With promises of Apple products for the best essay, over two hundred Vietnamese students shuffled into the U.S. Embassy’s event room despite the apocalyptic monsoons outside. The message “Just Do It: Write!,” written against a bright red background with yellow pencils, blared from a projector onto the back wall. The American Center in Hanoi had organized a writing contest about American Presidents. The Public Affairs Section believed that I, the token English major among the five interns, could promote the contest by providing methods for effective writing. The students believed that I could help them win. I believed that the students could help each other win. I had an hour to link everyone’s expectations.
In my presentation I bounced the authority back to my audience just like I do in the Barnard Writing Center. I began by asking how many members of the audience write, followed by how many of them are writers. As I expected, many more students wrote than identified themselves as writers. “If you write, then you are a writer,” I encouraged them. Some people chuckled. When I asked my audience how many of them struggled with writing, all hands shot up. “Good,” I assured them. “All great writers struggle with writing.”
The presentation continued in this candid, informal way. I discussed my favorite topics: writing as a process, writing as dialogue and as communication, writing to critique and reflect, the power of persuasive language through the use of word choice, and the mantra of “less is more.” The large event space felt like it had collapsed into a Writing Center room by the time fifteen minutes had passed. The group of sixty seemed much smaller and as I fellowed one student, my audience members were fellowing each other. The murmurs buzzing in the room excited me. Some members of my audience resisted freewriting and initially resisted sharing, but soon participated enthusiastically. I took forty-five minutes of questions, which ranged from successful introductions to organization of paragraphs to transitions (a popular question at the Barnard Writing Center). One student asked me, “Is it good or bad that I write while sitting on a table and crying?” I responded that it was good, referred to my slide on writing as reflection, and jokingly asked him to sit on a chair instead of a table the next time he writes.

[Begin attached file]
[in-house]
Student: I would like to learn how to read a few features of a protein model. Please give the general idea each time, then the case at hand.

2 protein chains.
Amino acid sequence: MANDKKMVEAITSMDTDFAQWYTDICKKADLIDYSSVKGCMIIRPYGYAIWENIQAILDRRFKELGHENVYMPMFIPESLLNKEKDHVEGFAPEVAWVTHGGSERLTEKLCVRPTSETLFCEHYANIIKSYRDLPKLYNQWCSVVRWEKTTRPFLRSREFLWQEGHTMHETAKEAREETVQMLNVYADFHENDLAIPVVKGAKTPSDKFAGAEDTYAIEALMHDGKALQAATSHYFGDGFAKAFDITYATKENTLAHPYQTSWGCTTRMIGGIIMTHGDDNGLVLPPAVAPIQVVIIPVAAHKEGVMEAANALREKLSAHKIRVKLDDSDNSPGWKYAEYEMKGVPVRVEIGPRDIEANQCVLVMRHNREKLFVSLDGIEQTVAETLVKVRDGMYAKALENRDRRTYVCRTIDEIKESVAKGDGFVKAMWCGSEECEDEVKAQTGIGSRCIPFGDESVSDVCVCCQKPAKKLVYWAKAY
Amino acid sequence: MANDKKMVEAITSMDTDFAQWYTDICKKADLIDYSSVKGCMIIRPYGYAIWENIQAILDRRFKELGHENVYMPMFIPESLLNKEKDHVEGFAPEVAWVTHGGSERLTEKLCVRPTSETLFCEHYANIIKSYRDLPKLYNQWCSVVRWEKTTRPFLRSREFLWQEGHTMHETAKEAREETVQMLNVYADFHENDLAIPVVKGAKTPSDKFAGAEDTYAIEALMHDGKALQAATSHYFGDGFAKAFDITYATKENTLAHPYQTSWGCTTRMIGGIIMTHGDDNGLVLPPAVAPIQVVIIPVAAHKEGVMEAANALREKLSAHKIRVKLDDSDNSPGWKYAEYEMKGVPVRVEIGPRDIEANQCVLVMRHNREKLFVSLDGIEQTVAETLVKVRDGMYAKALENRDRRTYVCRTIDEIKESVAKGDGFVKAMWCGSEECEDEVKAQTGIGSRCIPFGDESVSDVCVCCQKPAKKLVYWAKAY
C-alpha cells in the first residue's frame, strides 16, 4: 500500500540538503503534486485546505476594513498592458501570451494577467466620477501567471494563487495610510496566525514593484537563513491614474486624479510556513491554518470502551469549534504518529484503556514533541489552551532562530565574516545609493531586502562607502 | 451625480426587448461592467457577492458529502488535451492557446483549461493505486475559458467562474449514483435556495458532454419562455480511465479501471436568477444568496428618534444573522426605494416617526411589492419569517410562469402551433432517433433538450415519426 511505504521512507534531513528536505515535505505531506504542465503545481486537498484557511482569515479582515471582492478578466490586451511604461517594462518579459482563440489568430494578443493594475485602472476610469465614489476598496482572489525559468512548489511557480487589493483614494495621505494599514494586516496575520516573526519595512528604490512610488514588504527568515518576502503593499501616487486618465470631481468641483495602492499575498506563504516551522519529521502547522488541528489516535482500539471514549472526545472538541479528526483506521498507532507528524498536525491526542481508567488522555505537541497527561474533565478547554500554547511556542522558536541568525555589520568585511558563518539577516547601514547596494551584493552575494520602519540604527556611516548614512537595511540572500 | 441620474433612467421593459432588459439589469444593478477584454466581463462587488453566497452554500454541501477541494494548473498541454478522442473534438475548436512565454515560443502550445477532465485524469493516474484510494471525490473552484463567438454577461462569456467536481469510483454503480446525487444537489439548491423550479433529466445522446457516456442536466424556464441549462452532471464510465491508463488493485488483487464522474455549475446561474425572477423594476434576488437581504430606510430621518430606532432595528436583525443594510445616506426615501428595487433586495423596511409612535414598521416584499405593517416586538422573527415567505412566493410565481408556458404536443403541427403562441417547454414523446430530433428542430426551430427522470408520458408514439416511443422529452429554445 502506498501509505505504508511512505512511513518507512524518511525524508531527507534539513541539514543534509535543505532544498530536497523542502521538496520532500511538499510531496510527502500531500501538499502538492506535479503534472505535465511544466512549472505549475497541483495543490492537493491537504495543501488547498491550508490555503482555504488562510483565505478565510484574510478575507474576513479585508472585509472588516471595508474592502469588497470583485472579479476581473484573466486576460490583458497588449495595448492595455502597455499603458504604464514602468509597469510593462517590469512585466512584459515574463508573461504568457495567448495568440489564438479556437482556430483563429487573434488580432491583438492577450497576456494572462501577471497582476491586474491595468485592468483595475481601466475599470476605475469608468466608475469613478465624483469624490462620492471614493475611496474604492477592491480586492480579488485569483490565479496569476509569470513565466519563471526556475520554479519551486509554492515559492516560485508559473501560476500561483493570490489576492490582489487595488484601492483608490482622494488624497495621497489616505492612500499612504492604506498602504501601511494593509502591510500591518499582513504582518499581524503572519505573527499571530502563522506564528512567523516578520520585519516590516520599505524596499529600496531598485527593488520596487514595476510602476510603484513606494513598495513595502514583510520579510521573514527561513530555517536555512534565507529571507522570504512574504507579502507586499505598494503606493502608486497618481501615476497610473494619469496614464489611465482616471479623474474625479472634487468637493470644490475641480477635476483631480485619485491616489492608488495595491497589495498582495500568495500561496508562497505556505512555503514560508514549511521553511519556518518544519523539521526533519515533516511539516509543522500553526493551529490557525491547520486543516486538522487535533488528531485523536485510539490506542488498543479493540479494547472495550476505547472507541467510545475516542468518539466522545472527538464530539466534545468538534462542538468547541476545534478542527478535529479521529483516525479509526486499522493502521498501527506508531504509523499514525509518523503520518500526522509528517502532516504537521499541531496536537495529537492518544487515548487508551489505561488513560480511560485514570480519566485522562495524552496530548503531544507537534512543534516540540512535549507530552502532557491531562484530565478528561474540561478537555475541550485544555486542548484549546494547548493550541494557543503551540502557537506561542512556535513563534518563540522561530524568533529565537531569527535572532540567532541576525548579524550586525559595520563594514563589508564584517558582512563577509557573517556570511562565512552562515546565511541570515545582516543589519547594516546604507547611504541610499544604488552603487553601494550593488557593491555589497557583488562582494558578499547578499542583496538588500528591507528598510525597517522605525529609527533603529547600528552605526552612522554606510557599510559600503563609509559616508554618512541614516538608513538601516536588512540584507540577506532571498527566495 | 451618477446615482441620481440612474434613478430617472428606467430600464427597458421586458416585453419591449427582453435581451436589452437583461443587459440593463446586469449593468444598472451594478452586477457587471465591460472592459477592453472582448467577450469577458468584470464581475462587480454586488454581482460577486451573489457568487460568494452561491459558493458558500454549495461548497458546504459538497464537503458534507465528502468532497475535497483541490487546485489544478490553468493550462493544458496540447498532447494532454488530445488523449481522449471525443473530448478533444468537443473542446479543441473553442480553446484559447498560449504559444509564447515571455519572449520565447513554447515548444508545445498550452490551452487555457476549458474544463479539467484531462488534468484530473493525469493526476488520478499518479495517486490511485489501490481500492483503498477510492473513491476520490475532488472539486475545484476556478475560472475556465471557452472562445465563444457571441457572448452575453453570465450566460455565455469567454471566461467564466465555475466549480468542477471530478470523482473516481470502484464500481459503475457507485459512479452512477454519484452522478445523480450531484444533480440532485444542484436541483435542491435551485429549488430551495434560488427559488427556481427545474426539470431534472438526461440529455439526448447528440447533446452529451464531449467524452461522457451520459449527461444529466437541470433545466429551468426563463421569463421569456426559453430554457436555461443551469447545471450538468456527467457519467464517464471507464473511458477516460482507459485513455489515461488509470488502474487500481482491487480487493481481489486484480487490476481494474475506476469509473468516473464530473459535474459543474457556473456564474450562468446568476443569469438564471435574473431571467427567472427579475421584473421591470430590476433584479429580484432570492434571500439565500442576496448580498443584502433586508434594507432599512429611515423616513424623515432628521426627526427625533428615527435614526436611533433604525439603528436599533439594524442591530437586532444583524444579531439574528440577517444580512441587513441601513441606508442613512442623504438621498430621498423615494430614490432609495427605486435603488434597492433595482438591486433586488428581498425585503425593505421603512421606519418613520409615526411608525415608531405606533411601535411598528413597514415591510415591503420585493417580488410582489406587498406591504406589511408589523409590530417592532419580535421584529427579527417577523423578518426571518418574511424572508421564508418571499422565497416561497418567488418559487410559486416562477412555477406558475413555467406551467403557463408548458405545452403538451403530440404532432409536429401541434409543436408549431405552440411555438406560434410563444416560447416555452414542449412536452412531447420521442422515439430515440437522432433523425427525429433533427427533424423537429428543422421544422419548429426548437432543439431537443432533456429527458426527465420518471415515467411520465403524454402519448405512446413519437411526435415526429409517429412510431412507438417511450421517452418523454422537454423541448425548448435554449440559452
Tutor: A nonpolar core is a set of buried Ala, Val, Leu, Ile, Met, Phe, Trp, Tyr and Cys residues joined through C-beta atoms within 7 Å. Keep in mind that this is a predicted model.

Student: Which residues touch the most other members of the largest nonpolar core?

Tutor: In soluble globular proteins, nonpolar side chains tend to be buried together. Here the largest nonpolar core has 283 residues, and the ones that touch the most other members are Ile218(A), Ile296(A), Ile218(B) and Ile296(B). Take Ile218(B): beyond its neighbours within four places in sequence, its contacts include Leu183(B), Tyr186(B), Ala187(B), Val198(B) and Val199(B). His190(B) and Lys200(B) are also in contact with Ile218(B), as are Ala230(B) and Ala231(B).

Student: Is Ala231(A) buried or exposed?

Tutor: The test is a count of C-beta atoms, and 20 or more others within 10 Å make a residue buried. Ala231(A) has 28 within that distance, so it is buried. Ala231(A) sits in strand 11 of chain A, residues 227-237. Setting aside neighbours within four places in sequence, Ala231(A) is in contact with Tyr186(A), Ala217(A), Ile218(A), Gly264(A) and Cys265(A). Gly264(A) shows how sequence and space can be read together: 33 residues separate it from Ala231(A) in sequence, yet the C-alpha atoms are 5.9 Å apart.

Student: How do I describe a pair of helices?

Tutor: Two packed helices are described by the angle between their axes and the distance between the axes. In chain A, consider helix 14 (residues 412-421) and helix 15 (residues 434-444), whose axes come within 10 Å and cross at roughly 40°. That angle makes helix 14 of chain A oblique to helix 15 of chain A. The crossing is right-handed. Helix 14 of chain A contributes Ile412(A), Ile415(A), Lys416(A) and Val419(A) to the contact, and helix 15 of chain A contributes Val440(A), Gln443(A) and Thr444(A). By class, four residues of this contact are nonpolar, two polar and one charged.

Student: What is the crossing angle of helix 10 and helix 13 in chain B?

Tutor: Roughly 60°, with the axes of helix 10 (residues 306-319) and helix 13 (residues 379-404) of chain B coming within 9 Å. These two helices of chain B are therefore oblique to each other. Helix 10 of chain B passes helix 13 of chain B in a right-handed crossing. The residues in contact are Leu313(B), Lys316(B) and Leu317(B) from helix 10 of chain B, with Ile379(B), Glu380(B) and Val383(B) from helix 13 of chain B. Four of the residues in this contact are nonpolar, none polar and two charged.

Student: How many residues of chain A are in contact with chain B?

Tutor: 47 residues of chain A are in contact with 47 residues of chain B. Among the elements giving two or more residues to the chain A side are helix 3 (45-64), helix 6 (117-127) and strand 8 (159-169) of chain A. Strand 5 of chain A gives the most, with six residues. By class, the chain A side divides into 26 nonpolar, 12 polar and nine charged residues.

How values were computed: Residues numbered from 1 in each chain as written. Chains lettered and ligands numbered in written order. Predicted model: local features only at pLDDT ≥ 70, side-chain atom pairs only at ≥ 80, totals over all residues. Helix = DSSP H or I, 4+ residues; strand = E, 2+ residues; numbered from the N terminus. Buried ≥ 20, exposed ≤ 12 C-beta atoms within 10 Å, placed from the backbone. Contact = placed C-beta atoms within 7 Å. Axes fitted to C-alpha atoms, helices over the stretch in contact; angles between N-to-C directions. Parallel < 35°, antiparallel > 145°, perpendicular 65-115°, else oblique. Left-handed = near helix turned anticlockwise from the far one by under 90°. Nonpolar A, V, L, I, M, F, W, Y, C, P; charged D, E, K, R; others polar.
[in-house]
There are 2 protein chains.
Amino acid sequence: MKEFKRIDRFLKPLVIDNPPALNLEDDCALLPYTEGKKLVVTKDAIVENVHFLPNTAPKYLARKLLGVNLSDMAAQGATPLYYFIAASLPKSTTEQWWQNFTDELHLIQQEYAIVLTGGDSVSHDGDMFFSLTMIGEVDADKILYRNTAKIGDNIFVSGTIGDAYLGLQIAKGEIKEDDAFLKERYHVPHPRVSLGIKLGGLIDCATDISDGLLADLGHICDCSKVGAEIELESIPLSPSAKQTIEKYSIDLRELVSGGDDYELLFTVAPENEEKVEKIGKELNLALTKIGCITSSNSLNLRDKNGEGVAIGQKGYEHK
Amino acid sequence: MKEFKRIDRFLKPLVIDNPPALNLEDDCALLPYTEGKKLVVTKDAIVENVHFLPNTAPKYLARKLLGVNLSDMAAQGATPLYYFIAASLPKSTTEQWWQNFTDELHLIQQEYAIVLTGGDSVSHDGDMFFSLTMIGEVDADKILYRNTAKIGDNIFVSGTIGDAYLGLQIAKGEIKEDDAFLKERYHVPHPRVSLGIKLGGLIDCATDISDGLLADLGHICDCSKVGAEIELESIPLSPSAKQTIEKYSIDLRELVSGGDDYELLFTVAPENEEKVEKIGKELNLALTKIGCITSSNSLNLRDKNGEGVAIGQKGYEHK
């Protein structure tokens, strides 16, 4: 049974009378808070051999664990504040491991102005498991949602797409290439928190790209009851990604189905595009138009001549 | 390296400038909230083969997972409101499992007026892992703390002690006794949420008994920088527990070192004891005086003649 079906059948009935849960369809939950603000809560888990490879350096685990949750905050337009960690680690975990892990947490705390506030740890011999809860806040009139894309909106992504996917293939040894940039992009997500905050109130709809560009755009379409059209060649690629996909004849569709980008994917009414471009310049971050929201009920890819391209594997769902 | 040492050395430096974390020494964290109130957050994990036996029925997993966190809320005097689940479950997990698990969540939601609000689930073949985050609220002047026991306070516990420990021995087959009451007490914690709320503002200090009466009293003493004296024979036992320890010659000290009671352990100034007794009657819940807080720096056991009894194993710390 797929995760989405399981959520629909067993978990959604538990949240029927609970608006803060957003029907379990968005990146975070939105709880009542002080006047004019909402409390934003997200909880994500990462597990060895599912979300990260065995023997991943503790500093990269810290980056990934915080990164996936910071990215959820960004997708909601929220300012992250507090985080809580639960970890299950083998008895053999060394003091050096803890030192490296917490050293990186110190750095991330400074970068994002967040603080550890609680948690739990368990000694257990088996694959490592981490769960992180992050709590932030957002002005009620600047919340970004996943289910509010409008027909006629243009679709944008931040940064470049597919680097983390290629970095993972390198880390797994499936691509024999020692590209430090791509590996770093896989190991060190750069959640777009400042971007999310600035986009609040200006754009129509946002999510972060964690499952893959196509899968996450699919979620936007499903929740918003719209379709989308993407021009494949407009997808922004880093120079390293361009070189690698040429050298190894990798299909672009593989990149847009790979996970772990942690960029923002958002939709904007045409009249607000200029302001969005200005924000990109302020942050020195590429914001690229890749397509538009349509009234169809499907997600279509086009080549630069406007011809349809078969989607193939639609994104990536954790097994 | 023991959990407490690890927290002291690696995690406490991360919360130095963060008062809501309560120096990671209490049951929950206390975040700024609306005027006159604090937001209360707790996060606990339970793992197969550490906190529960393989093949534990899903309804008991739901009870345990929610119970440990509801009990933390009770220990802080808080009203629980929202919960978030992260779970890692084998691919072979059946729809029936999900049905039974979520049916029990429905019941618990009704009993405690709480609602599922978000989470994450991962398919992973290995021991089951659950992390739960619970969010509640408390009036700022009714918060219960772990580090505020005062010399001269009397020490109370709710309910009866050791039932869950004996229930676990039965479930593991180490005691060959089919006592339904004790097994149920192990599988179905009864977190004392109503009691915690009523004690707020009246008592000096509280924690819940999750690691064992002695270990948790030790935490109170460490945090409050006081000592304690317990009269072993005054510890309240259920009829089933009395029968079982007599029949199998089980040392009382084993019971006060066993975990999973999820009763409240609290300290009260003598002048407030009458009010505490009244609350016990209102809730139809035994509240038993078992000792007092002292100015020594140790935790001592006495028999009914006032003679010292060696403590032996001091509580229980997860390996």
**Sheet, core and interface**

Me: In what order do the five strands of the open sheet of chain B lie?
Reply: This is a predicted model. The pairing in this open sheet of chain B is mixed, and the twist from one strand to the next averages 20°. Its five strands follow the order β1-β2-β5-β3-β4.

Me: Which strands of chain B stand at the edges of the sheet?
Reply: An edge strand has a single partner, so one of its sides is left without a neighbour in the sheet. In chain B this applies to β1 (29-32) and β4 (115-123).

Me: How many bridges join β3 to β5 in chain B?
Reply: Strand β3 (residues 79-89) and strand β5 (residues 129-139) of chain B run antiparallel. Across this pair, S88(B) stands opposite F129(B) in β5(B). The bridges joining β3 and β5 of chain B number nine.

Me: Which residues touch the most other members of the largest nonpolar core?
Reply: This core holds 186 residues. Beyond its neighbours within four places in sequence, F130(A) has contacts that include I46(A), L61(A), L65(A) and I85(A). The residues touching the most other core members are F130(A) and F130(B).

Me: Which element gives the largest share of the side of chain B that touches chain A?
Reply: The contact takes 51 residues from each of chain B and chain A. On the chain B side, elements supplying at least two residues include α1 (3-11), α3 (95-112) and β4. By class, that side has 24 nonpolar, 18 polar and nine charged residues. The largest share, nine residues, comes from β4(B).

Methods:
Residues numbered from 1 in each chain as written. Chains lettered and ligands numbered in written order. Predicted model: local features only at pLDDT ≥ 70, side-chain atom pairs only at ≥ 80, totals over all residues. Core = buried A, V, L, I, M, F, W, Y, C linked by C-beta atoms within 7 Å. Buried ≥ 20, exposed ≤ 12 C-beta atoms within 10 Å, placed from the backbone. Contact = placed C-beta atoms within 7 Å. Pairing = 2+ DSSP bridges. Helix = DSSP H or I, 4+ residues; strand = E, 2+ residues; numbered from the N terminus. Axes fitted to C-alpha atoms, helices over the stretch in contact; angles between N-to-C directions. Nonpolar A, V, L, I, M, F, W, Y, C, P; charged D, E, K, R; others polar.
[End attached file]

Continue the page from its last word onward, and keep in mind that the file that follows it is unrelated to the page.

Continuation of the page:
Ultimately, I do not know whether my audience understood some of the abstract writing concepts. I do not know if the presentation will help them win the American Center’s writing contest. But I hope that I eased some of their anxiety about the process, provided them with the confidence to write, encouraged them to fellow each other and themselves while drafting essays, and spurred them to enter the American Center’s writing contest.
Next week I fly down south to Ho Chi Minh City to work in the Consular Office. Their American Center invited me to give a similar presentation! The powerpoint is available online through the American Center in Hanoi’s website.
Update: Ho Chi Minh City’s American Center also drew over two hundred students. They treated my freewriting session differently, discussing ideas (or “fellowing”) with each other immediately. Since Ho Chi Minh’s American Center did not have a Writing Contest during that time, the students asked me questions about schoolwork and exams.